- Soybean

Soybean Soybean

Northern Stem Canker


Diaporthe caulivora

In a Nutshell

  • Reddish-brown lesions at the base of lower branches and leaf petioles.
  • Elongated dark-brown cankers surround the stem.
  • Impaired flow of water and nutrients in the plant results in interveinal chlorosis of leaves.
  • Leaves affected by the lesions die but remain attached to stem.
 - Soybean

Soybean Soybean


Initial symptoms appear as small reddish-brown lesions at the base of branches and leaf petioles in the lower part of the plant. The lesions later extend up and down the stem and turn dark-brown. The alternate pattern of green and brown patches along the stem characterizes the disease. The canker damages the internal tissues of the stem and hinders the transport of water and nutrients. Interveinal chlorosis appears on leaves. The leaves might die later but remain attached to the stem. Plant parts above the lesions may die and podding is severely compromised.

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Soybean stem canker is caused by the soilborne fungus Diaporthe phaseolorum. There are two slightly different variants of the fungus causing southern and northern stem cankers. It overwinters in infested crop residues or on seeds.It infects plants early in the vegetative stage but symptoms become apparent only during the reproductive stage. Persistent wet and rainy weather conditions, in particular early in the season, favor the infection. Poor tillage practices might be favorable, too.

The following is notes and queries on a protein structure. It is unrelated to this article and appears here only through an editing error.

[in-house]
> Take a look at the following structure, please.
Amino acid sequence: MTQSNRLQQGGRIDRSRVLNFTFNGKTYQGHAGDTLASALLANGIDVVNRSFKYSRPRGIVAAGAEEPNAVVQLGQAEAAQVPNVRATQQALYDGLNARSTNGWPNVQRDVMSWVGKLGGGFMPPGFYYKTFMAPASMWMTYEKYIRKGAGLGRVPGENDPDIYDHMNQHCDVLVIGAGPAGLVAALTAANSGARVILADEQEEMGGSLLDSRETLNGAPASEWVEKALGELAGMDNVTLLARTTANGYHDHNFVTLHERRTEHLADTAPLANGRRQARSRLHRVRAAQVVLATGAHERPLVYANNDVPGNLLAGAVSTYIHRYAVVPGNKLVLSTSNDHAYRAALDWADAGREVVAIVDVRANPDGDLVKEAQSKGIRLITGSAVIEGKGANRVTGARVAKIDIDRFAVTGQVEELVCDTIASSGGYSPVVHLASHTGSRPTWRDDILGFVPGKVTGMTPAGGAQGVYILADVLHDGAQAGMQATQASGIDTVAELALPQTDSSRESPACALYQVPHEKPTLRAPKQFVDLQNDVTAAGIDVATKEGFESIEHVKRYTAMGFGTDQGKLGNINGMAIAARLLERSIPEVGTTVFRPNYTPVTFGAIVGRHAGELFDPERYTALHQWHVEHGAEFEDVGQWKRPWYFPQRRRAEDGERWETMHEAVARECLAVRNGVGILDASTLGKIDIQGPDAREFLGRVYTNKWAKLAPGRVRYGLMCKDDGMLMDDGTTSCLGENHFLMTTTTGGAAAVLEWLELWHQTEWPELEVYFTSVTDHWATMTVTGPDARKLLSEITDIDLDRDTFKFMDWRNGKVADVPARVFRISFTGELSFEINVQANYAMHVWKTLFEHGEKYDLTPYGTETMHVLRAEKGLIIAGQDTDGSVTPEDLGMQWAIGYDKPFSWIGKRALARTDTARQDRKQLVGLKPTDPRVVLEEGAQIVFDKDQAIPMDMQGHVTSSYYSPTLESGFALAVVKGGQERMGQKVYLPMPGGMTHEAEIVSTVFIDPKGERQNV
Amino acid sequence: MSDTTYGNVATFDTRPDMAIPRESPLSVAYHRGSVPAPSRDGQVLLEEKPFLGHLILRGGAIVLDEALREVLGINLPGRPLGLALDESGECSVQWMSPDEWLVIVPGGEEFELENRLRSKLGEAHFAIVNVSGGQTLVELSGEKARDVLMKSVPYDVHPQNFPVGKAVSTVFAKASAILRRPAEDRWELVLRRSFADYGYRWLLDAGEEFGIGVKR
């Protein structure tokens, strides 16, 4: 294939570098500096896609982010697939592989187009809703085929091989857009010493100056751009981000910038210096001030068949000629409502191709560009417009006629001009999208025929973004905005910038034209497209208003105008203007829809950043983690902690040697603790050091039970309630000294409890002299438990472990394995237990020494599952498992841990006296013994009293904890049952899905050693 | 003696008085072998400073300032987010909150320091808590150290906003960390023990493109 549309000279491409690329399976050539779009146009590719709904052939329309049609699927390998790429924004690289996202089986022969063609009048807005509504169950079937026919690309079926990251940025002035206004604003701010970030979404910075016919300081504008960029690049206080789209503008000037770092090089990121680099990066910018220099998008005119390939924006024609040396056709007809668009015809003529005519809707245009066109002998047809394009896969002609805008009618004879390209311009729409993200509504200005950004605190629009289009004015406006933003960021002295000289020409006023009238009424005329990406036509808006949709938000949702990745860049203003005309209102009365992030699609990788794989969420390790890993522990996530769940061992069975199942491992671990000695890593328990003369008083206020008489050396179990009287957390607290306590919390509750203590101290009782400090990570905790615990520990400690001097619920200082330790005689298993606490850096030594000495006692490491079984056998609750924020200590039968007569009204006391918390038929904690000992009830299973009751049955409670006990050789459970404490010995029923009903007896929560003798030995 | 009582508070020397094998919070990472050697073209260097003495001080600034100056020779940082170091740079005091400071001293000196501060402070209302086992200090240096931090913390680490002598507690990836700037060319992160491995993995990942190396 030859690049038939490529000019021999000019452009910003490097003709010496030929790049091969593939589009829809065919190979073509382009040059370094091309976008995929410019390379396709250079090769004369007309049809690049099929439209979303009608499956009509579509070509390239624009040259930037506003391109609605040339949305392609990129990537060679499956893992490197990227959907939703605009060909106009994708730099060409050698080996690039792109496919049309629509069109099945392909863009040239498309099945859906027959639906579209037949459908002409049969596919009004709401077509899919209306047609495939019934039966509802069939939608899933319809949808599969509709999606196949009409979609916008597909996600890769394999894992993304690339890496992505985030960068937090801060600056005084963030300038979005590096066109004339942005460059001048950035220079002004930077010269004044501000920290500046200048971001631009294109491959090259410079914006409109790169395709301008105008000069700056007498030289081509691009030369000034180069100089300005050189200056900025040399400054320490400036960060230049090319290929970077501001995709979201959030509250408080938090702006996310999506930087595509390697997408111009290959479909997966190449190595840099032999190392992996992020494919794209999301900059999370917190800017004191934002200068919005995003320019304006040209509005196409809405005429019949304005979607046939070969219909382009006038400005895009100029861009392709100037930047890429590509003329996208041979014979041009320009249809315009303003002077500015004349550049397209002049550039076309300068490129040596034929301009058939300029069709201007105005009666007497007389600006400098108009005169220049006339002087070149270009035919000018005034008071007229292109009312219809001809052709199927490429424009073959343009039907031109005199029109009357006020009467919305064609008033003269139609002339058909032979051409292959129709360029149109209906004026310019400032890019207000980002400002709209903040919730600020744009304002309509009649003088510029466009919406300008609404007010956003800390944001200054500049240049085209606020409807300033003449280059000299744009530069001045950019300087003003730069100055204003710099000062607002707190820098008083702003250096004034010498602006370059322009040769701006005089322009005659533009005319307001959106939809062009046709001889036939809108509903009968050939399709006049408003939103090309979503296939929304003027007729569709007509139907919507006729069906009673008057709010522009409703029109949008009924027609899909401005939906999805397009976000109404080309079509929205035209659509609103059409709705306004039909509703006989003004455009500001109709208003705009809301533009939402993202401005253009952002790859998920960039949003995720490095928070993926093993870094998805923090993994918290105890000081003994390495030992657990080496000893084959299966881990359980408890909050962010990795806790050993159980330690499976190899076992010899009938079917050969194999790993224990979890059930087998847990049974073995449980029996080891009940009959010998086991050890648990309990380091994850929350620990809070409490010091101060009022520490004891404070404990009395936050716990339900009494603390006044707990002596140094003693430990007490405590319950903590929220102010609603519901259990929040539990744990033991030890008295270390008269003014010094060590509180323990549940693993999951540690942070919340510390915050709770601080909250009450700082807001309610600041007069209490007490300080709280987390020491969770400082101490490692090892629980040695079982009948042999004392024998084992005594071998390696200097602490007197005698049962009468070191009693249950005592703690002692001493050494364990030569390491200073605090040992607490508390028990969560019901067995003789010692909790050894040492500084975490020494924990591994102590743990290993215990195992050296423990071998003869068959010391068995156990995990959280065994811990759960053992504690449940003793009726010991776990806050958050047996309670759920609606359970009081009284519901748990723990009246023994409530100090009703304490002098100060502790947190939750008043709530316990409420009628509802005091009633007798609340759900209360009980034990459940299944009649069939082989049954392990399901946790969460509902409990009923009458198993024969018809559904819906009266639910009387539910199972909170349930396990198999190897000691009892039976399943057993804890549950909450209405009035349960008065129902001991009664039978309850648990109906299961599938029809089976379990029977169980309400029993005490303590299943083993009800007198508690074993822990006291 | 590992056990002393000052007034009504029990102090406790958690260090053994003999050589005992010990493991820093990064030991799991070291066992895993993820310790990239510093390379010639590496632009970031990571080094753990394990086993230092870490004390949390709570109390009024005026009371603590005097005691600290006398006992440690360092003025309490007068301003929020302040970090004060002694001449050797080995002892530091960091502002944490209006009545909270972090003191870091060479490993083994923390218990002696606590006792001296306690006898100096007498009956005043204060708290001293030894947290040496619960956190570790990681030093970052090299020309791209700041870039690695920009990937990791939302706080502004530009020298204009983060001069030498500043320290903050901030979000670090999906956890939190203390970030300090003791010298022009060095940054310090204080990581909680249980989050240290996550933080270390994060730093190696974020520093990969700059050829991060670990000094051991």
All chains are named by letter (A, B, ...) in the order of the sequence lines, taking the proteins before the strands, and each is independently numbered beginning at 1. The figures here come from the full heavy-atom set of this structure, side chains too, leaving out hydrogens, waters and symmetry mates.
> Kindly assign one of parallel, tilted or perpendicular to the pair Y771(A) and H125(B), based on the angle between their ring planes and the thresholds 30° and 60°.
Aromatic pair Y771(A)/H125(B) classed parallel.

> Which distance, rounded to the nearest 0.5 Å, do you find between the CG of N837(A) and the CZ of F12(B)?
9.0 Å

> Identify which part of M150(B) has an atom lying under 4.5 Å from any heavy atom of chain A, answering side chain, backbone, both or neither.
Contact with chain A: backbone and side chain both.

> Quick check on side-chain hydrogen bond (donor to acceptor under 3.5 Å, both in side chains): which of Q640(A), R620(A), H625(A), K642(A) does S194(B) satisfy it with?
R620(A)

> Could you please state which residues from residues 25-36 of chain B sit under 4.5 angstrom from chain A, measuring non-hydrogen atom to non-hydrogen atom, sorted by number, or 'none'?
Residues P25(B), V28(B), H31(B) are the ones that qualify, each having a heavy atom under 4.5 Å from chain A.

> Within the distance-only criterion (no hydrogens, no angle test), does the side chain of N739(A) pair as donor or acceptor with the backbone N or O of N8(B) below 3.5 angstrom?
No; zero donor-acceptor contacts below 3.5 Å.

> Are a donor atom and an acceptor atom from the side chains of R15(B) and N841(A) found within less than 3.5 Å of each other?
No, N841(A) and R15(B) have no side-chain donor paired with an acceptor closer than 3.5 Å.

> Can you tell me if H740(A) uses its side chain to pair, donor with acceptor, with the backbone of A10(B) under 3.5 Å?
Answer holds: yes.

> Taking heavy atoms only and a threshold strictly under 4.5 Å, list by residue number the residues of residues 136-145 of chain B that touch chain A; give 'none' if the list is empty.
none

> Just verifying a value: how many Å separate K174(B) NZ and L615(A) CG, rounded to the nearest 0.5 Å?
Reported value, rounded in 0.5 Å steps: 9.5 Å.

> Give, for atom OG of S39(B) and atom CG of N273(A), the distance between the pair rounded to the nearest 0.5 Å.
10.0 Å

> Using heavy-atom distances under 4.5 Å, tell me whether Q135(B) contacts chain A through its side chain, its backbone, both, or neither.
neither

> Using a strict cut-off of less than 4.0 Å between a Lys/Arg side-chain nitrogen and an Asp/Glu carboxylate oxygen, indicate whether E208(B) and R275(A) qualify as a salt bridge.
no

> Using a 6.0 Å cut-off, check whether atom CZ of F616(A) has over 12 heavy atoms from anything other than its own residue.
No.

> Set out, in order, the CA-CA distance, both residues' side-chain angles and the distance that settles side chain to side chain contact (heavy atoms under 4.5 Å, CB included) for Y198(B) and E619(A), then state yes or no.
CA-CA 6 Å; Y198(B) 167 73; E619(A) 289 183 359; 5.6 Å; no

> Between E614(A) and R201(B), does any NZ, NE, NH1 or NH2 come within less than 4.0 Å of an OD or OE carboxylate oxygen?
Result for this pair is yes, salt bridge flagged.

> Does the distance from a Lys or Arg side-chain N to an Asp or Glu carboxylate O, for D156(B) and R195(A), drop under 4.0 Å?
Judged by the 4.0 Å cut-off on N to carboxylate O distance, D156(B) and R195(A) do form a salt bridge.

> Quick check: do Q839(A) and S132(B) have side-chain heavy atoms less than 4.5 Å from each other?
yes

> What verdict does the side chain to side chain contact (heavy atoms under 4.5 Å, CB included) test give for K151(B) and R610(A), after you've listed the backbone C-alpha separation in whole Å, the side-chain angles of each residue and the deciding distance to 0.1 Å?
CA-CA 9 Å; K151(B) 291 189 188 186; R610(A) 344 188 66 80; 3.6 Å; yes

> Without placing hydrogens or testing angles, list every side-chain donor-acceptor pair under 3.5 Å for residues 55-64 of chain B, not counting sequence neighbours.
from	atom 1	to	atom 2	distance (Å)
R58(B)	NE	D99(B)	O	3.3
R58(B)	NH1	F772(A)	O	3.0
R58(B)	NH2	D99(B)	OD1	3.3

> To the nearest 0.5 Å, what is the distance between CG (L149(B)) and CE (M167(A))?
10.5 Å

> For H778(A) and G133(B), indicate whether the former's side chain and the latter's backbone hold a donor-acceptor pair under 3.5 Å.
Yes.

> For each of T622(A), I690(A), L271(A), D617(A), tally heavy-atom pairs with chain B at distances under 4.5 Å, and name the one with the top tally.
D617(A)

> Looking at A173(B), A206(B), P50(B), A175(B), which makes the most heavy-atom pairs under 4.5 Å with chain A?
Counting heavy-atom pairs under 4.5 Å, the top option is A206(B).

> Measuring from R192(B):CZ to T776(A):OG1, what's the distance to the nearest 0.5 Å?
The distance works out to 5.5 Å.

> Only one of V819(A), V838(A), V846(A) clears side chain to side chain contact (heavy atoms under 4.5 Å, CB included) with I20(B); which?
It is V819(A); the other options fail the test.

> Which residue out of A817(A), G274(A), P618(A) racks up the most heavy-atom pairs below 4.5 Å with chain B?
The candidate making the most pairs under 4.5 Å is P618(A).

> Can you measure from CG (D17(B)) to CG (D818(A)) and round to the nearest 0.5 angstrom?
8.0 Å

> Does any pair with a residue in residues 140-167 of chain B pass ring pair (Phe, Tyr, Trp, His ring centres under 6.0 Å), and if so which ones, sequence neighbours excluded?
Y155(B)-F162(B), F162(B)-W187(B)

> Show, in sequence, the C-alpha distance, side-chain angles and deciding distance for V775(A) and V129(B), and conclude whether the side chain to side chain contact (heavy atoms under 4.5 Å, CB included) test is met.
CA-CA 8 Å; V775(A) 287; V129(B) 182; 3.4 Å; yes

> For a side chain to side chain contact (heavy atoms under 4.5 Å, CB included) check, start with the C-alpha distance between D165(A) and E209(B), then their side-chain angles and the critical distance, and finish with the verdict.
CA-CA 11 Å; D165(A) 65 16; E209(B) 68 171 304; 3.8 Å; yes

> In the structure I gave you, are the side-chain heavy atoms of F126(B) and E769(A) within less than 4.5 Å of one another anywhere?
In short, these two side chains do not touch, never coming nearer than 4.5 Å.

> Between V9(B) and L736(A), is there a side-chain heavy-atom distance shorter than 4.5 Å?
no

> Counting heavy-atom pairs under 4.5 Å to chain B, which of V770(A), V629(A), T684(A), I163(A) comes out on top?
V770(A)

Organic Control

If available, an integrated approach with biological fungicides is recommended.

Chemical Control

Always consider an integrated approach with preventive measures together with biological treatments if available. Fungicide treatments may help to control the infection but results differ widely depending on time of application, environmental conditions and products used. If necessary, apply products containing mefenoxam, chlorothalonil, thiophanate-methyl or azoxystrobin during vegetative and reproductive growth stages

Preventive Measures

  • Plant tolerant or resistant varieties.
  • Use certified pathogen-free seeding material.
  • Plant later in the season.
  • Maintain good soil fertility with balanced nutrition.
  • Rotate with non-host crops such as corn, wheat, sorghum for at least two years.
  • Avoid excessive weed growth near your cultures.
  • Harvest as soon as possible to avoid wet periods.
  • Plow the field to expose the soil to solar radiation and wind.
  • Bury infected crop residues after harvest.

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